Wednesday, August 3, 2011

Depth of Summer

This has got to be my favorite time of year. The kids and I take off here and there for trips to swimming holes..or hiking trails on the BRP...or on mini-odysseys to visit old and far-flung friends, where we drink copious amounts of wine (that is me and the "old friends" drinking the wine...we don't share it with the kids..), make great pots of pesto pasta and olive bread and talk of days past and yet to come.

The garden runs amok, rife with oversized volunteer pumpkins, surprise tomatoes and whole colonies of harlequin bugs and those cursed Mexican bean beetles that I pad out gleefully in my bare feet to slaughter each evening with nothing but a flat rock and a large-ish piece of mulch or my bare hands.

At this point, I have lost all pretense of hoping for order. The garden is its own being. The once-bare spot where the potatoes where dug up now hosts a weird quilt of bastard onions, tomatilloes, nasturiums, hopi tobacco and herb plants that I thought would die, and thus put out to pasture in this bleak outpost. Somehow, thanks to the August sun and other unknowable blessings, they now are thriving, dark green and musky in the intense sunlight.

I walk out each day at the hottest point, when the kids are fading in the house, plugged into a video or sucking on a popsicle in the shade, and I inhale this fetid chaos...and I smile. This, my friend, is Life.

Sunday, June 26, 2011

Ginger Bug

A couple of bottles of our ginger ale. I love having a worthy purpose for old bottles!

I never thought I'd ever get this excited about a non-alcoholic drink. But guess what folks? I have just made ginger ale!! (or ginger beer, as the recipe I used calls it)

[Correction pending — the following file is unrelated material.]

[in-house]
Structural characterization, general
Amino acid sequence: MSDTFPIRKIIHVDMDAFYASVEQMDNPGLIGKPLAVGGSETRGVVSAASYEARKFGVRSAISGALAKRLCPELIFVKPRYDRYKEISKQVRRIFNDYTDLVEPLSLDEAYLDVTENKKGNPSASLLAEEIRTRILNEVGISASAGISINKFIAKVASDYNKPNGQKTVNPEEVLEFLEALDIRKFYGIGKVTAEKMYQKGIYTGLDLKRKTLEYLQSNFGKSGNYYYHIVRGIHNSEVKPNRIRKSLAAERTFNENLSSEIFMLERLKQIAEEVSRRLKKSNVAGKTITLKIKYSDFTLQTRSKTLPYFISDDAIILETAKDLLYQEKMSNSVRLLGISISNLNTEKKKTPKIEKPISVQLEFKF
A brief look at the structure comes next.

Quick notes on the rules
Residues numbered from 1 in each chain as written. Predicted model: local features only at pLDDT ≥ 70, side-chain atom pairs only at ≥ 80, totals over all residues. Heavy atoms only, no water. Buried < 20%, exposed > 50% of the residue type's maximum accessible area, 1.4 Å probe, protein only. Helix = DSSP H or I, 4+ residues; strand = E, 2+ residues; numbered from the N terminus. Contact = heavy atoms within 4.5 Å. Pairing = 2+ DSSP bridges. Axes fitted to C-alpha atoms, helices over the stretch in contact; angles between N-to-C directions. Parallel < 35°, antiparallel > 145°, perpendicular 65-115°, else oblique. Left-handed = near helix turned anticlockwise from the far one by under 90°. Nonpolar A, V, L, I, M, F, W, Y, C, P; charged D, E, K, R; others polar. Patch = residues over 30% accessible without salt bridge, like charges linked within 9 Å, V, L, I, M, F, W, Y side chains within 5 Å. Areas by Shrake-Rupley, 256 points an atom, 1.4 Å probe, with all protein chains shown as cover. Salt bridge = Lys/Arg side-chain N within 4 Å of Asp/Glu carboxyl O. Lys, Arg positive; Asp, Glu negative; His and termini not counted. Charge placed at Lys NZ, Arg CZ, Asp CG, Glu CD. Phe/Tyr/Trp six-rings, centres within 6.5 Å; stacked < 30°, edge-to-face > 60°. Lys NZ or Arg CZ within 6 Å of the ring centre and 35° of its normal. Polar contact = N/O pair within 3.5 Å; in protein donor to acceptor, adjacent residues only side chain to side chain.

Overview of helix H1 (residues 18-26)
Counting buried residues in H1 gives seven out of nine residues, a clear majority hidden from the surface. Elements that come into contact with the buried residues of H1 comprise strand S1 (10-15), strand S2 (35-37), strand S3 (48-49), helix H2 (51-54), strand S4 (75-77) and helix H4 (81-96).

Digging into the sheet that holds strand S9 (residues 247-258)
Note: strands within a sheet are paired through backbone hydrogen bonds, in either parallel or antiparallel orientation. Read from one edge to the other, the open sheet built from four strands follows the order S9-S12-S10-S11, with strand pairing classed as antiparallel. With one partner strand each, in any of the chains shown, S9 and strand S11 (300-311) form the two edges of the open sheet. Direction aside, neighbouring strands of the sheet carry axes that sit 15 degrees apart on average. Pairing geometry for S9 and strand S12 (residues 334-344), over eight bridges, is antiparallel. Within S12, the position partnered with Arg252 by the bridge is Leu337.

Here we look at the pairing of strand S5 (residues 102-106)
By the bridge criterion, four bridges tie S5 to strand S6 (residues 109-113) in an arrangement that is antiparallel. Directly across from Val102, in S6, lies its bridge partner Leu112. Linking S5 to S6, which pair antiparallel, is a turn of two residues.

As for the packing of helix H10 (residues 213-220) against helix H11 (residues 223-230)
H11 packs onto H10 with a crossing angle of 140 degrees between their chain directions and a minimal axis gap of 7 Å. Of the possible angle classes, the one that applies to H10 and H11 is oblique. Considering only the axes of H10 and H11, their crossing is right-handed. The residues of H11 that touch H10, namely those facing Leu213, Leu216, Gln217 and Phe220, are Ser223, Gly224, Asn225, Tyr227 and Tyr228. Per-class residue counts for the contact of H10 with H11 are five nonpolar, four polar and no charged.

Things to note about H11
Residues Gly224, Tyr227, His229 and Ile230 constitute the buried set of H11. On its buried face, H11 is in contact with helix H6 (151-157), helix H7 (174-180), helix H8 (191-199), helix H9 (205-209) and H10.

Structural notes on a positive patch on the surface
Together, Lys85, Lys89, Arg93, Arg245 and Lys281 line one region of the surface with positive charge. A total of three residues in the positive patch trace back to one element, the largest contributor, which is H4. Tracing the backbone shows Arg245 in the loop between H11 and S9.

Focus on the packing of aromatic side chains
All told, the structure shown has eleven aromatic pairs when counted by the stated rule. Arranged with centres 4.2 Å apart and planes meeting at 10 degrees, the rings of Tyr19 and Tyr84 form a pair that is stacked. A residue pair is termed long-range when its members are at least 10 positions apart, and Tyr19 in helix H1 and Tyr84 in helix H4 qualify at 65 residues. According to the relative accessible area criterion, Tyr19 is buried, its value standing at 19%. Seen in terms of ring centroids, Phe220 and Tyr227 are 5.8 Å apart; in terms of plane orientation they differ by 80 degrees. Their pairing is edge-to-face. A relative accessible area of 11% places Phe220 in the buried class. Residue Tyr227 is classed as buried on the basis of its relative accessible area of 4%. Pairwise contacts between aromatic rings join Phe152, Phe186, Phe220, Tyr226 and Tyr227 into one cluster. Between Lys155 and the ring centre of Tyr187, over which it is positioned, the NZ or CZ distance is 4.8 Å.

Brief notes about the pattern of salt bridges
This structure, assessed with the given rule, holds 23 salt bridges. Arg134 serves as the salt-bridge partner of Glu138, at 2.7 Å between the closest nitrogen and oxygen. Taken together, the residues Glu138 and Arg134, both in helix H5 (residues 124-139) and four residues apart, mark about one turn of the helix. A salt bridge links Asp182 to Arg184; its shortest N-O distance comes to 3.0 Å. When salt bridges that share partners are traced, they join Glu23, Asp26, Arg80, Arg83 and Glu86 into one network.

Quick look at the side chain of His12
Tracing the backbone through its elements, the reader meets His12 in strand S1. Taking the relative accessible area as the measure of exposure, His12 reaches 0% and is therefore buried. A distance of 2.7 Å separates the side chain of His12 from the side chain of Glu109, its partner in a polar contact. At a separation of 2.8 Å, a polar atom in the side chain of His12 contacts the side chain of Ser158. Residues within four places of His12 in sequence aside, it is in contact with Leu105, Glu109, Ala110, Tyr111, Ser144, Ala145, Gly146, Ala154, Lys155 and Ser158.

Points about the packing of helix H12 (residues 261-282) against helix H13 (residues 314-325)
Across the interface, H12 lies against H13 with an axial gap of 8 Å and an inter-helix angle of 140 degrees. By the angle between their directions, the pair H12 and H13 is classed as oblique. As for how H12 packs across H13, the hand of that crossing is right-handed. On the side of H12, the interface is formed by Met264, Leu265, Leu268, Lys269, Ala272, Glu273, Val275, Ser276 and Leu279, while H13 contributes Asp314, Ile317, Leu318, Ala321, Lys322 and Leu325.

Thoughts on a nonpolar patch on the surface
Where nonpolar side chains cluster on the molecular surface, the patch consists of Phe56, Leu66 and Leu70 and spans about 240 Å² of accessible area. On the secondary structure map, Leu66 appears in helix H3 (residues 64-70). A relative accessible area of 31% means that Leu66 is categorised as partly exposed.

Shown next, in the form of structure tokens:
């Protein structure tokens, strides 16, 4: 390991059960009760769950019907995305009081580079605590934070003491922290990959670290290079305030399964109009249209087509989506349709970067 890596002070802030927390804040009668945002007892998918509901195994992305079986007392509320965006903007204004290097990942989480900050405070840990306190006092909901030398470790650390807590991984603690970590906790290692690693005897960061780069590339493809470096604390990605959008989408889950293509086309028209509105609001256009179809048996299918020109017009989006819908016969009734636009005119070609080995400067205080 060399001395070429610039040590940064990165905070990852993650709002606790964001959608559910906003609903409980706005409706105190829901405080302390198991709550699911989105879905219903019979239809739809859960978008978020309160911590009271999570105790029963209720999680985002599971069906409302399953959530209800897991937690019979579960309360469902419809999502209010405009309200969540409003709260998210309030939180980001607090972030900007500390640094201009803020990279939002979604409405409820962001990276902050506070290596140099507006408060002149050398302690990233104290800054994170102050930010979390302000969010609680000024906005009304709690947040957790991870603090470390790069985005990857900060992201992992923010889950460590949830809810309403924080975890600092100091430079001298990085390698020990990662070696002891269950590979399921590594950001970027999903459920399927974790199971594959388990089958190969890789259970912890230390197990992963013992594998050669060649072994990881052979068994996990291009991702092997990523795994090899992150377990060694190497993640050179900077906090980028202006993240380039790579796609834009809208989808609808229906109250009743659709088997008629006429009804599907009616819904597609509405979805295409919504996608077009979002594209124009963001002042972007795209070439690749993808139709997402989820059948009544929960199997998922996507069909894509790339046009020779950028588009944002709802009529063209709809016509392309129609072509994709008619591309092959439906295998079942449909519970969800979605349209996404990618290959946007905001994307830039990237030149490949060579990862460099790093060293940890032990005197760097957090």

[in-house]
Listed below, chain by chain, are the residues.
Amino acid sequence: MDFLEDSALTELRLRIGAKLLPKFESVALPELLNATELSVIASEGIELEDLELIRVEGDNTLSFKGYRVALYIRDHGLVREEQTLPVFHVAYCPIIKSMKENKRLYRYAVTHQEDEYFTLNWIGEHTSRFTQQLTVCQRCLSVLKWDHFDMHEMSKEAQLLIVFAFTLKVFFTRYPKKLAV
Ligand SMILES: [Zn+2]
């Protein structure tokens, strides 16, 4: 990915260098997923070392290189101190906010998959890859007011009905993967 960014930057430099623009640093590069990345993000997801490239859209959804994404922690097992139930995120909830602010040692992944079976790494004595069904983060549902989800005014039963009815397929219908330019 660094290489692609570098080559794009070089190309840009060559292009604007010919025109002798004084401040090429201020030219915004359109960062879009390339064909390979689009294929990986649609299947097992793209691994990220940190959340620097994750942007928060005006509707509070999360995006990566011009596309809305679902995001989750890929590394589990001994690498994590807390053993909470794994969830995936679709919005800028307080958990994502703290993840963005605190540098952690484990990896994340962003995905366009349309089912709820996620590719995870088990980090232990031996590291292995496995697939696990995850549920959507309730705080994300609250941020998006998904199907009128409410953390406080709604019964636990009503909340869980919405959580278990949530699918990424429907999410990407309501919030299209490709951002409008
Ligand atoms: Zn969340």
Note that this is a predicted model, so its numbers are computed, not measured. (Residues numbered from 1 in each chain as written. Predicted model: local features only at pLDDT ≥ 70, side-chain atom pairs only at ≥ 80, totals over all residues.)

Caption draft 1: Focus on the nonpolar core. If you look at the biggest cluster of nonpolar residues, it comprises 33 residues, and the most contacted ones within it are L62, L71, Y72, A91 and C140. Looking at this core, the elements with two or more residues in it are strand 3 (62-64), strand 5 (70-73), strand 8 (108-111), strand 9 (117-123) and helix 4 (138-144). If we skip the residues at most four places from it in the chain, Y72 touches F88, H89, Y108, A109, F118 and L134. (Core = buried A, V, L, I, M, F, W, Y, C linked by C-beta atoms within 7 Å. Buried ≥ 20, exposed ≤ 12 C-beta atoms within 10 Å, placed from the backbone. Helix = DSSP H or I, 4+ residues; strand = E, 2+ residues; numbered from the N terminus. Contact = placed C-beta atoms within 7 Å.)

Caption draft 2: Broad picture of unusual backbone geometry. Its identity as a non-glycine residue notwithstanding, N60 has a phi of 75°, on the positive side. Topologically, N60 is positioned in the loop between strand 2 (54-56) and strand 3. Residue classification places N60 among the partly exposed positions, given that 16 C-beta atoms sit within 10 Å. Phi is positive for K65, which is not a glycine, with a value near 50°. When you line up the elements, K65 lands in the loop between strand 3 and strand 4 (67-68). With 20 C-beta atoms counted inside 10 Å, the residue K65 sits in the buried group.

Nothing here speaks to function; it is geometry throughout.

And I'm just going to go on and say it: It's amazing.

It's dry and spicy and zingy. It is reminiscent of that lovely Reed's stuff you spend a fortune on at EarthFare. It was so fizzy that when we Birch and I opened the first bottle this morning it fizzed out like champagne! Very exciting!

I used the recipe from one of my kitchen bibles as follows:

3 inches or more of fresh grated ginger root

2 cups sugar

2 lemons



Make a ginger bug to start the fermentation: Add 2 tsp grated ginger (skin and all) and 2 tsp sugar to 1 cup of water. Stir well and leave in a warm spot covered with a cloth to allow air circulation. Add same amount of ginger and sugar every day or two and stir until the bug starts to bubble (2 days - 1 week

Make the ginger beer anytime after the bug becomes active. Boil 2 quarts water. Add 2-6 inches of grated ginger root (depending on how spicy/gingery you want your drink to be!) and 1-1/2 cups sugar. Boil the mixture for about 15 minutes. Cool.

Strain out ginger and add juice of the lemons and the strained ginger bug. (If you want, you can keep a bit of the ginger bug to jumpstart future batches. Simply replenish with water ginger and sugar.) Add enough water to make 1 gallon.

Bottle in resealable bottles. Bail-top beer bottles or soda bottles work well. Leave bottles to ferment in a warm spot for about 2 weeks.

Chill before opening. Remember -- when you open your bottles, have a glass handy for the champagne-like fizz!

So that's it. So easy! And yummy. And seriously...who doesn't love the sound of the words "ginger bug"?

Wednesday, June 22, 2011

The Mad Kitchen Scientist

That's a lot of funky cherries! Notice the brown slush in the bottom of the box. But even such nastiness will not deter the diehard fermenter. Hey...all those cherries on top are Perfectly Good.

I am totally obsessed with fermentation. At a party at the house of some friends a little more than a year ago, I picked up the book "Wild Fermentation: The Flavor, Nutrition, and Craft of Live-Culture Food" by Sandor Ellix Katz. Check him out here. I haven't looked back since.

Using this book and various resources on the internet, as well as the book "Nourishing Traditions" by Sally Fallon , I have made my own kimchi, sauerkraut, tempeh, carrot-ginger pickles, goat cheese, vinegar, hard cider and ginger ale. The ginger ale is still brewing, but all the other things have been shockingly successful. Well...except for that one terrifying batch of vinegar. But that's for another post.